My old knee injury reared its ugly head. Except for lack of training, my body felt fine.
This was my first marathon, and I didn't know what to expect. What is this, number 11 for me?
My Garmin/ipod died; my ponytail came out; I wore the wrong socks; my shoe came untied. Well, my shoe did come untied.

The real story? Pretty simple. I went out too fast, I freaked about the slow Lakefront area late in the race, and I used all my energy up on the first 13. The only thing I can blame is the runner. Moi.

Sunday morning David dropped me at the start area. I started at the very back of a crowded corral one, since two was so jammed I could not even squish in. I did not expect to see so many people up front, but of course most were running the half. This kept the course pretty crowded for at least ten miles. I started with a group of Varsity runners, and I stupidly stayed with them at the beginning. They are all faster than I am, and all but one were running the half. I had no Garmin reception in the crowd, and the fast start threw my pacing.

Mile 1: 6:36. What?! I doubted my Garmin was accurate, since it had been so off at the start, but this still scared me.
Mile 2: 7:00. I knew I should slow down and I dropped behind the Varsity group. It was loud and crowded. I got stuck in a "pack" I couldn't escape from as we headed down St. Charles Ave. I wanted to drop back a little but there were many people behind me.
Miles 3,4,5: 6:57, 6:55, 6:56. Weaving. Maneuvering. Cursing myself every time the mile beeped. I was struggling with my pacing. We turned at mile 4 and I saw David, who took my best race picture ever. I gave him thumbs-down: I already knew I'd botched this race.
Mile 6, 7, 8: 6:57, 6:59, 6:55. Back up St. Charles. Sun was coming out - I was already warming up. Pack thinned a little but I still seemed trapped in a large group. To get out of it I could either speed up or slow down. I should have slowed down!
Mile 9: 7:01, mile 10: 6:53: Through the French Quarter. Feeling fatigued at this point. "Slow down!" I screamed at myself. But I kept thinking, "If I slow down, I'll never make it up later. The Lakefront will be so tough". This was in the back of my mind the whole race. I simply can't trust myself to negative split. I'm always afraid I'll crash no matter what pace I run the first part at, so I start too fast to build a cushion. FYI a cushion has only worked for me once: at the Louisiana Marathon I started fast and hit the wall and still made my time goal. Other than that - never!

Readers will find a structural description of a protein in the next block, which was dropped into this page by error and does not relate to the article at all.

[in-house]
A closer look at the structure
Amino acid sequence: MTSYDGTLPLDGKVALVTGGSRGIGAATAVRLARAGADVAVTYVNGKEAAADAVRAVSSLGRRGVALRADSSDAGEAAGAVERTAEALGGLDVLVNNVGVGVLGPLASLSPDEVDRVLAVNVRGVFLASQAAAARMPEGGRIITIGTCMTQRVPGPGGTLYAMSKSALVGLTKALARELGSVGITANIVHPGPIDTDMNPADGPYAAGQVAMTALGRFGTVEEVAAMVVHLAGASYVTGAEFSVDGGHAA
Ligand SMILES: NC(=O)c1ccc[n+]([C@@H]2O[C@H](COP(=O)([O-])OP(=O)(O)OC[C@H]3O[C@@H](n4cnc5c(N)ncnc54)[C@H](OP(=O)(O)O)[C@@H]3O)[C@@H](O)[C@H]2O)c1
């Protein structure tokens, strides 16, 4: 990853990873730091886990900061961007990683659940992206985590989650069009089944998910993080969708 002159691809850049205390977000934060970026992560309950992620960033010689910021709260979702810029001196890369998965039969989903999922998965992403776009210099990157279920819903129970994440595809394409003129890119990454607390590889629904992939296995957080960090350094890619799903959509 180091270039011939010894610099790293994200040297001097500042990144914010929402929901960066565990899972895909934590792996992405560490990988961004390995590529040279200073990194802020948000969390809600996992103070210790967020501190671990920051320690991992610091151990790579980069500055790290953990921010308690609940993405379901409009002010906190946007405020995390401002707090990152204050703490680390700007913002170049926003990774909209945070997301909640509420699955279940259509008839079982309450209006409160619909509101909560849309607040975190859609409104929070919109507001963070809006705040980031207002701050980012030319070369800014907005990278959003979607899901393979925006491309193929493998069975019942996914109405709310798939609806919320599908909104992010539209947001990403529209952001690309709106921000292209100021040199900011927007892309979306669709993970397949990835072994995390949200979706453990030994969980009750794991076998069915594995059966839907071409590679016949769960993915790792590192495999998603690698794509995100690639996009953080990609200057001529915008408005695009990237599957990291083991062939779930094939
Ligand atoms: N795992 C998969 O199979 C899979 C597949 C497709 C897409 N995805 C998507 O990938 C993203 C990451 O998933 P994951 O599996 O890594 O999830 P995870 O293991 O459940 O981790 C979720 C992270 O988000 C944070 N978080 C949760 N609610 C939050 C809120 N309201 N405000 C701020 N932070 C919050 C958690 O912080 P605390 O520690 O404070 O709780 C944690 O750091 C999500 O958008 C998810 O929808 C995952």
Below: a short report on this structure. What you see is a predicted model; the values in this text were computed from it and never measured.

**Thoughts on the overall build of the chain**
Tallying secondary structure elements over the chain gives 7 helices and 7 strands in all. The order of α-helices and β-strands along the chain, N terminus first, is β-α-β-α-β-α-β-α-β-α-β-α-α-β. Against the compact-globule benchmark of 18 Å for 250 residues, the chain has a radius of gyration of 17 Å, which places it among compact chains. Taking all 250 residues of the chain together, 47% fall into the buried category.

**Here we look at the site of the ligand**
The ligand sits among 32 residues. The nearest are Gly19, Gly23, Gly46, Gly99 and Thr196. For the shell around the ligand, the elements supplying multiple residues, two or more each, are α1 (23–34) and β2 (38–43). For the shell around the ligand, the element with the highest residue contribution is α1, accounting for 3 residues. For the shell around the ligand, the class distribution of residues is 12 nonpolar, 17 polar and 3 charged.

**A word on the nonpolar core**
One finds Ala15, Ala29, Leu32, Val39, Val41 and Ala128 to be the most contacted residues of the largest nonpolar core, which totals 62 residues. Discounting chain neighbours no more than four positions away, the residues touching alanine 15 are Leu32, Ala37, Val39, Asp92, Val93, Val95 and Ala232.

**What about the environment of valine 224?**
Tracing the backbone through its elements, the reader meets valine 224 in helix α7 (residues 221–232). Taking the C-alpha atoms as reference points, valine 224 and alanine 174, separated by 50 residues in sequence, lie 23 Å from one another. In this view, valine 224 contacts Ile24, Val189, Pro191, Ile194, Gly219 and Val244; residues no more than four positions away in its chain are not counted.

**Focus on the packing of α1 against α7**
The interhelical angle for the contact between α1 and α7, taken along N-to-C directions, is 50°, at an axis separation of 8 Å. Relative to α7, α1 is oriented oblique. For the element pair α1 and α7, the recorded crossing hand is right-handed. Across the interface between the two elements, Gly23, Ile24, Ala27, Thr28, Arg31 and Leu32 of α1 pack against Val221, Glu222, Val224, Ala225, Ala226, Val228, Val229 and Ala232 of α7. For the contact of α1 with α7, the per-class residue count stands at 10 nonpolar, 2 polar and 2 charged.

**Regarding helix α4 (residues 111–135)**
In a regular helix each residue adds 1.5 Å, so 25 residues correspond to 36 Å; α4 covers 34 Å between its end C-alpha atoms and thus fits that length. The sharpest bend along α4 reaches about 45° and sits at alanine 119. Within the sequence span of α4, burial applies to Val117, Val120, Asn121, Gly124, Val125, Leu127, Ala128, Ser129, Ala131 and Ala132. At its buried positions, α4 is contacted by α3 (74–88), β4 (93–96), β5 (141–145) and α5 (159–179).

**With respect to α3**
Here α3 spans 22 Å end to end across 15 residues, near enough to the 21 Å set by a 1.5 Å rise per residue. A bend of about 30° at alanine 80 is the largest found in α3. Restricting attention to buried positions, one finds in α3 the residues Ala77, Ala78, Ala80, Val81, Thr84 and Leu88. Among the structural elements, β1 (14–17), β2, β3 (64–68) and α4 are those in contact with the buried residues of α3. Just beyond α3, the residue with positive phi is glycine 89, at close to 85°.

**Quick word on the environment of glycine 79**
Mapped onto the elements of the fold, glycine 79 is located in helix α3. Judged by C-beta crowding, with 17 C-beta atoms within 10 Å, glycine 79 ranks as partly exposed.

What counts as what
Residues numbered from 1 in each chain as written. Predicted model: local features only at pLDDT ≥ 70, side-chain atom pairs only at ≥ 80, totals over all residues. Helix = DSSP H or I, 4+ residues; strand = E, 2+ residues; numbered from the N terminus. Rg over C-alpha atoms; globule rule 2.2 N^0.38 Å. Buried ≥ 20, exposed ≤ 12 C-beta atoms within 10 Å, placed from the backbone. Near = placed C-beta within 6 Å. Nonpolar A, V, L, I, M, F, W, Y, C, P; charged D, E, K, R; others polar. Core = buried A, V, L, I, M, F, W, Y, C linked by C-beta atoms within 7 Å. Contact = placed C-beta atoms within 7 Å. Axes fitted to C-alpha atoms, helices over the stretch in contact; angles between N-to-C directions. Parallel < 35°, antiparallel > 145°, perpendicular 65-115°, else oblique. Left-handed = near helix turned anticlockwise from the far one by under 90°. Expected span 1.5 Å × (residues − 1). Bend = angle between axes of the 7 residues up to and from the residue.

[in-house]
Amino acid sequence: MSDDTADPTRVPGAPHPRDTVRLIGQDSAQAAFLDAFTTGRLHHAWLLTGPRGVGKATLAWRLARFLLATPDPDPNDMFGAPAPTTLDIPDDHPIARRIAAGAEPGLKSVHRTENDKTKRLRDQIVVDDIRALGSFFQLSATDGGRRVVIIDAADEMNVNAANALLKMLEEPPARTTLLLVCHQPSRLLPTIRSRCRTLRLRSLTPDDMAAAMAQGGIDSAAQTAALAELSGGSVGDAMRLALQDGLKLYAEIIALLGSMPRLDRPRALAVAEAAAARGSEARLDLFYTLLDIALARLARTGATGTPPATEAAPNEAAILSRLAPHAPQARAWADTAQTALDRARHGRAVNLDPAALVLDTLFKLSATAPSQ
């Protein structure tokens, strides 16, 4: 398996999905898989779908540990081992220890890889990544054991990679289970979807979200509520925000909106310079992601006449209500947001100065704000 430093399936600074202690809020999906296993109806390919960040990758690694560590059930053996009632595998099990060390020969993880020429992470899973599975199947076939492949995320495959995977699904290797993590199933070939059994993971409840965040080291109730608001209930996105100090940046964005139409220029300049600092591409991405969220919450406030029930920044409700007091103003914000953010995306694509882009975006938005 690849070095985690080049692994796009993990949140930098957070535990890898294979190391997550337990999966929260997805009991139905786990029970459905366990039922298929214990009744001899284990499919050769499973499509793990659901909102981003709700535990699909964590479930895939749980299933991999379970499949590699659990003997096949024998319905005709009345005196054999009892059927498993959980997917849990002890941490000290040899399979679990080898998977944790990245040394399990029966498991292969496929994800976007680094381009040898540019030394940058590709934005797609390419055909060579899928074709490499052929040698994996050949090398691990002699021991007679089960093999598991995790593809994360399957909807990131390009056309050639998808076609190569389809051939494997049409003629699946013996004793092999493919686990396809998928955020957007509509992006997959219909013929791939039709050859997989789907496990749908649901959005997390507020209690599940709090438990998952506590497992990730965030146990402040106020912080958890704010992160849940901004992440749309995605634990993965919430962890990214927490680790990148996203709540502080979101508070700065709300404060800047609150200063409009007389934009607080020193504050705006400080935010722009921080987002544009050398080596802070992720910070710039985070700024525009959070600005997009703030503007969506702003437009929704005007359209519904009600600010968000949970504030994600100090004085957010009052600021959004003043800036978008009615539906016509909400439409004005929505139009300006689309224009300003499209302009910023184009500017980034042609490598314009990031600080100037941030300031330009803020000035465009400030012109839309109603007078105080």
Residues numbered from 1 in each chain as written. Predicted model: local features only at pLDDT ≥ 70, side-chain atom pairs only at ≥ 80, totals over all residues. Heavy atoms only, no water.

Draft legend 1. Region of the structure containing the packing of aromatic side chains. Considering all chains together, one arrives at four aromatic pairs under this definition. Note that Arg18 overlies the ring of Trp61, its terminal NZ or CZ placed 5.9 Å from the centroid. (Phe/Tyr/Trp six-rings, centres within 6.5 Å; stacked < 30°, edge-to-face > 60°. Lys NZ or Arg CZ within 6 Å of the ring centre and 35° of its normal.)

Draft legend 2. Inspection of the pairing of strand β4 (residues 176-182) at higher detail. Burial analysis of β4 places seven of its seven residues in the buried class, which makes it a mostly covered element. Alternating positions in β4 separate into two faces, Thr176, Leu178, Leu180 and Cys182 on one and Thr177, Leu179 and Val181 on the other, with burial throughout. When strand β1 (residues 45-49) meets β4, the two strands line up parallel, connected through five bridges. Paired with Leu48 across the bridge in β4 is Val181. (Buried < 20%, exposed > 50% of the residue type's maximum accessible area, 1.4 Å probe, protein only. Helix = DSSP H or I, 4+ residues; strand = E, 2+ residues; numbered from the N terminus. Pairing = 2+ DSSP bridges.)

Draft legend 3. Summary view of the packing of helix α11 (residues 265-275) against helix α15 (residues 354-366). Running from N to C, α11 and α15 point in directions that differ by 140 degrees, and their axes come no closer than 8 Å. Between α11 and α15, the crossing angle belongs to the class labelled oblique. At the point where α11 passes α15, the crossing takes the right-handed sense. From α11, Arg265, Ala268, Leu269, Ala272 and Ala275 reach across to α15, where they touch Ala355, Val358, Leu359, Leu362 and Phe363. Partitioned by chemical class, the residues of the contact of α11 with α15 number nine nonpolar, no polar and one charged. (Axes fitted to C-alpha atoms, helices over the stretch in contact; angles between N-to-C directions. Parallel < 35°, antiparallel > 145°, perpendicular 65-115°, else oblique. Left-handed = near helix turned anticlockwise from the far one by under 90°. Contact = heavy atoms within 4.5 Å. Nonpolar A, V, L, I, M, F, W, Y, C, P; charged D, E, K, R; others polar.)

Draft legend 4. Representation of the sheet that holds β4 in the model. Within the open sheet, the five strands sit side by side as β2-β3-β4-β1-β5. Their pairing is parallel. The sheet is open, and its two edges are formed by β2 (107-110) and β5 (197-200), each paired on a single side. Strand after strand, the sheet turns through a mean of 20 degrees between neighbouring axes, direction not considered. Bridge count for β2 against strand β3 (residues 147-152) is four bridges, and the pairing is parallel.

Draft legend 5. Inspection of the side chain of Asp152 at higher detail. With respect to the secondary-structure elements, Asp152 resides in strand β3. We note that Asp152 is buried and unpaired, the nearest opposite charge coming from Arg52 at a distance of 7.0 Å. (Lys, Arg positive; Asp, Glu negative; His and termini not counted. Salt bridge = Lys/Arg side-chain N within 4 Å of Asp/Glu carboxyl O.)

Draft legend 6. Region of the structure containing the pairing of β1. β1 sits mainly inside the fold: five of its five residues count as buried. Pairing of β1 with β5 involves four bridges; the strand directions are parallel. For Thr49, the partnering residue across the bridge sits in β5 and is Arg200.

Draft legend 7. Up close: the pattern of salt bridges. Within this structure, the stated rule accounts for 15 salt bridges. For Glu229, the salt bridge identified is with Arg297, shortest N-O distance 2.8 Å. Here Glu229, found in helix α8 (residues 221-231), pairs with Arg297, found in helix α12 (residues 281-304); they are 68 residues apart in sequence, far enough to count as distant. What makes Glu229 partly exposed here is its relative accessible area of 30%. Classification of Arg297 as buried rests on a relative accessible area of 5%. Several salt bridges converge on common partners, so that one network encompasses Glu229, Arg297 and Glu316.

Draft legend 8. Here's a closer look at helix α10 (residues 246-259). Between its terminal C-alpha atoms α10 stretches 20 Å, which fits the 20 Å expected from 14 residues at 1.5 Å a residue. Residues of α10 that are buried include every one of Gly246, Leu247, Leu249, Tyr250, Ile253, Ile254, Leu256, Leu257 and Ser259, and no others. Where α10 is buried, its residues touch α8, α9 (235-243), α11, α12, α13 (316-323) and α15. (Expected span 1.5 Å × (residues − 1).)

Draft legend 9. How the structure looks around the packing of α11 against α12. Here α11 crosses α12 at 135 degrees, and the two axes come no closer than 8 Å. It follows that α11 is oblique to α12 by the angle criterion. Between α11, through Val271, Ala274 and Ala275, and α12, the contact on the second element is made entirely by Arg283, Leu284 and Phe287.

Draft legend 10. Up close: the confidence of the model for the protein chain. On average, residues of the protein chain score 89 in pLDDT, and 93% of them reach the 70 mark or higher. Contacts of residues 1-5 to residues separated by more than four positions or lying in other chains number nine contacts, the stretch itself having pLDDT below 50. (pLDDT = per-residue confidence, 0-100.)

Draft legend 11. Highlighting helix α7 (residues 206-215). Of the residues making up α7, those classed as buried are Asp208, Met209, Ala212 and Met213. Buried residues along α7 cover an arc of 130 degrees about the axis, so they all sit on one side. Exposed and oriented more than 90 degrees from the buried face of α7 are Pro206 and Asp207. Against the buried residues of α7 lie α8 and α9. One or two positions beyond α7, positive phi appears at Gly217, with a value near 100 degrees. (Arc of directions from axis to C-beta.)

Mile 11: 6:58. Onto Esplanade. A little shade. I hoped the halfers would split onto the other half of the divided road here: nope. One of the runners was one of those loud-breathers: grunting puffing, moaning, gagging, spitting, snorting. humphing. I prayed he was a half marathoner: I could NOT shake him from right behind my shoulder and he was driving me berserk.
The guy scratching his head is the loud-breather. If you recognize him,  please tell him to breathe more quietly.
Mile 12: 7:06. As I neared a water table, a man suddenly cut in front and across me, then stopped dead in his tracks. To avoid hitting him I veered right and got body-checked into the Gatorade table. It sloshed all over the place. I said something mean. Oops. Sorry.
Mile 13: 7:05: Finally the half marathoners split off and there was suddenly lots of room. The loud-breather did not. He stuck with me. I hit the half in 130:47. This shook me. My half marathon PR from December is 1:30:26. At this point I knew I was toast. Suddenly I wanted those last 13 miles back. Why was I running under 7's?! I should have been well over that. I was filled with regret and assessed my condition. I was hot, fatigued, and feeling a little low on fuel. My face was crusted with salt. My kidneys felt bruised. I realized I needed to hit the Gatorade and water big time or risk dehydration. I resigned myself to suffer for the second half and miss my goal.
Miles 14, 15, and 16: 7:08 7:07, 7:11. Straight up Marconi Drive, into the wind, full sun. I was hot and tired and I knew all I could look forward to was a long loop on the hot, windy lake. The last half of the course is a "T" up Marconi Drive with a loop on Lakeshore Drive. I was already starting to get into the panic mode that hits in the last miles before you hit the wall. I overtook a woman right before the lake. She was working hard. I didn't even care that I passed her.